Saturday, August 29, 2015

Obamacare's Latest Outcome - It's Been Great for Health Care Business

If Obamacare is a government takeover of health care, you could hardly tell it from recent reports from the private health care sector. Much of it is booming.

Obamacare’s Latest Outcome – It’s Been Great for Health Care Business


If Obamacare is a government takeover of health care, you could hardly tell it from recent reports from the private health care sector. Much of it is booming.

Among hospitals, the largest for-profit chain, HCA Holdings, Inc., raised its financial forecast last week to reflect a 6.6% drop in the number of patients it treats who don’t have insurance. The drop is even more dramatic, 48%, in four states that expanded their Medicaid programs. LifePoint Hospitals, Inc., another chain, raised its forecast to reflect an increase of as much as $13 million in second quarter earnings, about 40% more than it had expected, due in large part to a drop in the number of uninsured patients.

Among nonprofit hospitals, Our Lady of Lourdes in Camden realized $3.5 million in savings over the past year from a drop in its percentage of uninsured patients from 8.5% to 3%. And a survey of 30 states by the Colorado Hospital Association found an increase of 30% in Medicaid charges coupled with a 30% drop in costs for charity care.

Among health insurers, Wellpoint, Inc. raised its forecast based on rising membership due to Obamacare. And UnitedHealth Group has reported gaining 635,000 members in its Medicaid plans. It also decided to expand the number of states in which it offers exchange plans to more than 20, up from just five this year.

None of this should be too surprising. The Affordable Care Act was designed to boost the private health care sector. Those 8 million people who signed up for coverage on the insurance exchanges are customers for private insurance companies, and the millions of new Medicaid enrollees mean more revenue for private Medicaid managed care plans. And Obamacare’s overall expansion of coverage means fewer uninsured hospital patients who can’t pay their bills.

This is not to deny that the law has caused stresses in other ways – especially for some smaller companies that are feeling squeezed by the requirement to offer health insurance to their workers.

However, the law seems to be a boon for many health care businesses, as it was expected to be. That hardly seems like a government takeover.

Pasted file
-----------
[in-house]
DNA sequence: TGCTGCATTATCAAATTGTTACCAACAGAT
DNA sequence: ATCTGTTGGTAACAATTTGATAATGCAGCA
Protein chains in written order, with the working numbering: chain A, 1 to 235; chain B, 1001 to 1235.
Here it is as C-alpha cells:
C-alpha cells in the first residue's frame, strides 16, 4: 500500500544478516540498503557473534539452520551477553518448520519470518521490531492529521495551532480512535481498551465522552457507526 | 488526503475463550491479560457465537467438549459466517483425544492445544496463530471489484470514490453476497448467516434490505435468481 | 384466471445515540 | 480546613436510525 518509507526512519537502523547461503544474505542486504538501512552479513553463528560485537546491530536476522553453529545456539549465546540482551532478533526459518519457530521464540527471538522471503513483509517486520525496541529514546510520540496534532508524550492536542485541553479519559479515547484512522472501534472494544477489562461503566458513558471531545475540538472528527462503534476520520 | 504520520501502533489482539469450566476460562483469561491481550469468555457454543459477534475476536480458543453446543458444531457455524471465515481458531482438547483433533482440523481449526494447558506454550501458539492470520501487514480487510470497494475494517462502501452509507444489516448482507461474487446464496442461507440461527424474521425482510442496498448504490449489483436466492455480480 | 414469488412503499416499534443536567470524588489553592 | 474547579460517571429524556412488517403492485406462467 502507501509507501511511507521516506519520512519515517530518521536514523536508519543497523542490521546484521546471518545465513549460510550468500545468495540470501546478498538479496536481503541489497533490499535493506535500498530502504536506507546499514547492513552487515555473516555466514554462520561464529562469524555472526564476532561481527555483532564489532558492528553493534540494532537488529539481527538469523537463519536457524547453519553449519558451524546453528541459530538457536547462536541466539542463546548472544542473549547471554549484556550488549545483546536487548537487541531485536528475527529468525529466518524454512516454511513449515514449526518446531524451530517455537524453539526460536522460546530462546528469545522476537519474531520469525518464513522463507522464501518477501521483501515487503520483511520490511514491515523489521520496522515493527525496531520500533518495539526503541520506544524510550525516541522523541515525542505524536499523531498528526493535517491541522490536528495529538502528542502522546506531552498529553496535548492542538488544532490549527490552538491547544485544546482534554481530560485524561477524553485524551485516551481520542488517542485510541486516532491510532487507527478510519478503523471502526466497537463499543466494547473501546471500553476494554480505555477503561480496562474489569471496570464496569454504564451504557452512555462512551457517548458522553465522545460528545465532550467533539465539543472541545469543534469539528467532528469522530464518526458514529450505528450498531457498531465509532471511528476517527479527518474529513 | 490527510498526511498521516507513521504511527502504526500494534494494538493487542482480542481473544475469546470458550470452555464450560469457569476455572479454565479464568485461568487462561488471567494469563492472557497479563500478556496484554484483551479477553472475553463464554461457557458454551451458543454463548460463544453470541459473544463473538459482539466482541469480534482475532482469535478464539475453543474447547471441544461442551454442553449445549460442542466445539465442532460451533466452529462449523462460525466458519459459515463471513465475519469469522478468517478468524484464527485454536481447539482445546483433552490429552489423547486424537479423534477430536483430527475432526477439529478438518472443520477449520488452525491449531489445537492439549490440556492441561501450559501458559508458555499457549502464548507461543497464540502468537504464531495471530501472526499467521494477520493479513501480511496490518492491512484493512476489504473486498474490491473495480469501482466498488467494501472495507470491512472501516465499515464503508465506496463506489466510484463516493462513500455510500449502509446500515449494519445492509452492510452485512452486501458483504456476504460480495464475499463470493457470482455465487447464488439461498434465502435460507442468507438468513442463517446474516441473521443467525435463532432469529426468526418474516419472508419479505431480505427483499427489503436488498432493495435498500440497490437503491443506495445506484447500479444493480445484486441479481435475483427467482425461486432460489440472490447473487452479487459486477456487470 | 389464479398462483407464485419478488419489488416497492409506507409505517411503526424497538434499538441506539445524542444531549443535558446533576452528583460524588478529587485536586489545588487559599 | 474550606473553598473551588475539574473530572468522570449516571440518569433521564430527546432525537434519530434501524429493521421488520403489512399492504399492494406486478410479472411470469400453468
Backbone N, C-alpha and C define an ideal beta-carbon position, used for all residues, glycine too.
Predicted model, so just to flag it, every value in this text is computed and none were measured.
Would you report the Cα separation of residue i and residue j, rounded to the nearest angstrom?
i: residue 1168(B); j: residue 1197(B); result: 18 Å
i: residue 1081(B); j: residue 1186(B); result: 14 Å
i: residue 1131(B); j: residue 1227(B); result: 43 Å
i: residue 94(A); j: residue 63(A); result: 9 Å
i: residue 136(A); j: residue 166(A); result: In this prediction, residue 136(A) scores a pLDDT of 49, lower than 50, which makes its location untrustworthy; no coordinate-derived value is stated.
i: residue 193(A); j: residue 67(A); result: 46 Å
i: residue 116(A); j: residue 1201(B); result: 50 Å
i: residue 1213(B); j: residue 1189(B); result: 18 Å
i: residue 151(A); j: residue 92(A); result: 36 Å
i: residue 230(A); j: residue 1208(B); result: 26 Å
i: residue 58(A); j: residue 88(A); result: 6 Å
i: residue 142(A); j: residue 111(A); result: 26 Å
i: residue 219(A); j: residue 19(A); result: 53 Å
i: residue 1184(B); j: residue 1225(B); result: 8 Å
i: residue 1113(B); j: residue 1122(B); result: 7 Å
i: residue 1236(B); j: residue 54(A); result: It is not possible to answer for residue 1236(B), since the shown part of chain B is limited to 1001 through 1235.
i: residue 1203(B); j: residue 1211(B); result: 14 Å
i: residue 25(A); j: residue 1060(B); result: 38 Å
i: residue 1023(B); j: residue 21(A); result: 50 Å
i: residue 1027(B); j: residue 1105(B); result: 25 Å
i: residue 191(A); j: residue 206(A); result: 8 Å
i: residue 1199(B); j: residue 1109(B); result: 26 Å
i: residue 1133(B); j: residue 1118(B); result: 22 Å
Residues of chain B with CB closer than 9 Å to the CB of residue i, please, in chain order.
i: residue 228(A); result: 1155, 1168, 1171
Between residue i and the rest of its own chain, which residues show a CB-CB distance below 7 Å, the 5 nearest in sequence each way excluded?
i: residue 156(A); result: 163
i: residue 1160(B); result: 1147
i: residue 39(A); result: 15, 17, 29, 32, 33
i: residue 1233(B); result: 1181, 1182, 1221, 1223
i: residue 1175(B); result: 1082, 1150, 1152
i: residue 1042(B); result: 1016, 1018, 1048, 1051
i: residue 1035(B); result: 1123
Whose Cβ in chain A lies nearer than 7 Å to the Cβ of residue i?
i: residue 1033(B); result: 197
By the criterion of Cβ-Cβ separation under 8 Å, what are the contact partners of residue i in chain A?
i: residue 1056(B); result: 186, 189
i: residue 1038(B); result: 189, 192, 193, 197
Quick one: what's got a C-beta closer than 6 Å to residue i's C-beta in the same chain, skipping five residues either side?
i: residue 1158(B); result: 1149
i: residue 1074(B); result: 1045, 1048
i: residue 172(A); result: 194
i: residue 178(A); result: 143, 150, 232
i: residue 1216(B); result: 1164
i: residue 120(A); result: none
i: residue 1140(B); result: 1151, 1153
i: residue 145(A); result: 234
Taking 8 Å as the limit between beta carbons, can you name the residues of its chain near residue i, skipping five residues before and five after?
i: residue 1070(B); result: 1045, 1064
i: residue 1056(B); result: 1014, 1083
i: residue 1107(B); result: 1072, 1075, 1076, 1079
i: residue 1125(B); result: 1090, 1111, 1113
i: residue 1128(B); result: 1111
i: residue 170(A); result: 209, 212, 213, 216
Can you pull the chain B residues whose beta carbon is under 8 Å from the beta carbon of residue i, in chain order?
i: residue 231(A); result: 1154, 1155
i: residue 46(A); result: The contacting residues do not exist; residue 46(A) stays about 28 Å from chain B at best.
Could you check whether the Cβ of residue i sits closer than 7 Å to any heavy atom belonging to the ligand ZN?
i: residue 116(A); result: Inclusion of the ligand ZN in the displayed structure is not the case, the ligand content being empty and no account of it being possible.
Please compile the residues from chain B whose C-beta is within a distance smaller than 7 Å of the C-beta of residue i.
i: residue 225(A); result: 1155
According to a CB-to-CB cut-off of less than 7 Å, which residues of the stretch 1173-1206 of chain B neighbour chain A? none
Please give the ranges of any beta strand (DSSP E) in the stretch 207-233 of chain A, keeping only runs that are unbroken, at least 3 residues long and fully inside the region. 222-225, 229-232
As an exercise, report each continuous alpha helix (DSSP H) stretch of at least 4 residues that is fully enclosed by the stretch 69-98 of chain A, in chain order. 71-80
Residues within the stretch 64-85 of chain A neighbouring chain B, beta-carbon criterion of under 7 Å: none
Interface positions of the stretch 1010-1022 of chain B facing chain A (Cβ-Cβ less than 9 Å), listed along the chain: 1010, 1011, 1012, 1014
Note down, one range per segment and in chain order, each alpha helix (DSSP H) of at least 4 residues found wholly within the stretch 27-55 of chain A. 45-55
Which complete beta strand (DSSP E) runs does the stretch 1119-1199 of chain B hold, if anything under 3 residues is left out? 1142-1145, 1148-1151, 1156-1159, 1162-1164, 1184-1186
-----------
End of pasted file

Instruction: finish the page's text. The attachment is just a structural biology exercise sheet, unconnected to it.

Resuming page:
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The Field Clinic reports and analyzes health care laws, government policies, and political trends that are transforming the care we receive and the way we pay for it. Read more about our panel of bloggers here.

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Robert I. Field, Ph.D., J.D., M.P.H. Professor, School of Law & Drexel School of Public Health
Jeffrey Brenner, MD Founder of the Camden Coalition of Healthcare Providers, Medical Director of the Urban Health Institute at Cooper University Healthcare
Andy Carter President & CEO, The Hospital & Healthsystem Assoc. of Pa.
Robert B. Doherty Senior Vice President of Governmental Affairs & Public Policy American College of Physicians
David Grande, MD, MPA Assistant Professor of Medicine at the University of Pennsylvania
Tine Hansen-Turton Chief Strategy Officer of Public Health Management Corporation
Drew A. Harris, DPM, MPH Director of Health Policy Program at the Jefferson School of Population Health
Antoinette Kraus Director of the Pennsylvania Health Access Network
Laval Miller-Wilson Executive Director of the Pennsylvania Health Law Project
David B. Nash, MD, MBA Founding Dean of the Jefferson School of Population Health
Mark V. Pauly, Ph.D. Professor of Health Care Management, Business Economics and Public Policy at The Wharton School
Howard J. Peterson, MHA Managing Partner of TRG Healthcare, a national healthcare consulting firm
Paula L. Stillman, MD, MBA Healthcare consultant with special expertise in population health and disease management
Elizabeth A. W. Williams Senior Vice President & Chief Communications Officer for Independence Blue Cross
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